24 My praise is of him in the great assembly; *
I will perform my vows in the presence of those who worship him.
25 The poor shall eat and be satisfied,
and those who seek the Lord shall praise him: *
"May your heart live for ever!"
26 All the ends of the earth shall remember and turn to the Lord, *
and all the families of the nations shall bow before him.
27 For kingship belongs to the Lord; *
he rules over the nations.
28 To him alone all who sleep in the earth bow down in worship; *
all who go down to the dust fall before him.
29 My soul shall live for him;
my descendants shall serve him; *
they shall be known as the Lord'S for ever.
30 They shall come and make known to a people yet unborn *
the saving deeds that he has done.
Romans 4:13-25

For the promise that he would inherit the world did not come to Abraham or to his descendants through the law but through the righteousness of faith. If it is the adherents of the law who are to be the heirs, faith is null and the promise is void. For the law brings wrath; but where there is no law, neither is there violation.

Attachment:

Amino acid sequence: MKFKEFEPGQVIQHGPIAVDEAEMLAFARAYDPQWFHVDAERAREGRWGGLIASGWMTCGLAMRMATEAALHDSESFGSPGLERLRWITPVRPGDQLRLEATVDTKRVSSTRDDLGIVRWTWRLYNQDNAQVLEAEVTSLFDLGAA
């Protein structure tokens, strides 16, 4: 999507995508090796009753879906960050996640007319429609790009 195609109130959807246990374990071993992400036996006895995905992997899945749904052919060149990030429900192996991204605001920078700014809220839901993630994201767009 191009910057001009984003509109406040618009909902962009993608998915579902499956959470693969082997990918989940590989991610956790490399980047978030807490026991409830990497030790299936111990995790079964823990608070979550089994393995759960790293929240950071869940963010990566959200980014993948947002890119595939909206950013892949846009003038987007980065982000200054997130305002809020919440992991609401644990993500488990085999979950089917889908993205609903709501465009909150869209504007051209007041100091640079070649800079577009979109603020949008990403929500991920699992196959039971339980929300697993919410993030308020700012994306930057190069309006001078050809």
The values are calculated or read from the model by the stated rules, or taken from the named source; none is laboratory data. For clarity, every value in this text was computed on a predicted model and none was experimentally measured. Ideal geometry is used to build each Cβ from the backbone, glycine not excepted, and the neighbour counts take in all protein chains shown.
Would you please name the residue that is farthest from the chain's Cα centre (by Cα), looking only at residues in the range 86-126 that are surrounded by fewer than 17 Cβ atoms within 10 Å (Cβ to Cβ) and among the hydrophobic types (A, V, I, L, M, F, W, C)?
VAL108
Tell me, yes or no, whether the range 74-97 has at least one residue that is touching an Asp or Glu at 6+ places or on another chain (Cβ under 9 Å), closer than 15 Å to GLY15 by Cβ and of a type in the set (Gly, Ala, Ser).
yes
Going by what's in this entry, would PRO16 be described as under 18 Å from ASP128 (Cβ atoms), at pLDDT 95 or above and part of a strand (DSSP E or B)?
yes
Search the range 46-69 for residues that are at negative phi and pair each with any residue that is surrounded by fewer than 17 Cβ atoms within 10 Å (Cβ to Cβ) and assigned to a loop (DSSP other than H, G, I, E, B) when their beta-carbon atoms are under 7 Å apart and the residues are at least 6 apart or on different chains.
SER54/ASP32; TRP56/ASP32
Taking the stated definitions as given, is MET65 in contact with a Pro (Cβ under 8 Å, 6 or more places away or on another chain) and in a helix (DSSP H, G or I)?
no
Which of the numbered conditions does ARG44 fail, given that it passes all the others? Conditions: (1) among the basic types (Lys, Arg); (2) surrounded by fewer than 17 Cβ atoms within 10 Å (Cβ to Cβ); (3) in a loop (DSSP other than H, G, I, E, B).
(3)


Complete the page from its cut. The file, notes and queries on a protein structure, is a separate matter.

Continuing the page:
For this reason it depends on faith, in order that the promise may rest on grace and be guaranteed to all his descendants, not only to the adherents of the law but also to those who share the faith of Abraham (for he is the father of all of us, as it is written, “I have made you the father of many nations”) —in the presence of the God in whom he believed, who gives life to the dead and calls into existence the things that do not exist. Hoping against hope, he believed that he would become “the father of many nations,” according to what was said, “So numerous shall your descendants be.” He did not weaken in faith when he considered his own body, which was already as good as dead (for he was about a hundred years old), or when he considered the barrenness of Sarah’s womb. No distrust made him waver concerning the promise of God, but he grew strong in his faith as he gave glory to God, being fully convinced that God was able to do what he had promised. Therefore his faith “was reckoned to him as righteousness.” Now the words, “it was reckoned to him,” were written not for his sake alone, but for ours also. It will be reckoned to us who believe in him who raised Jesus our Lord from the dead, who was handed over to death for our trespasses and was raised for our justification.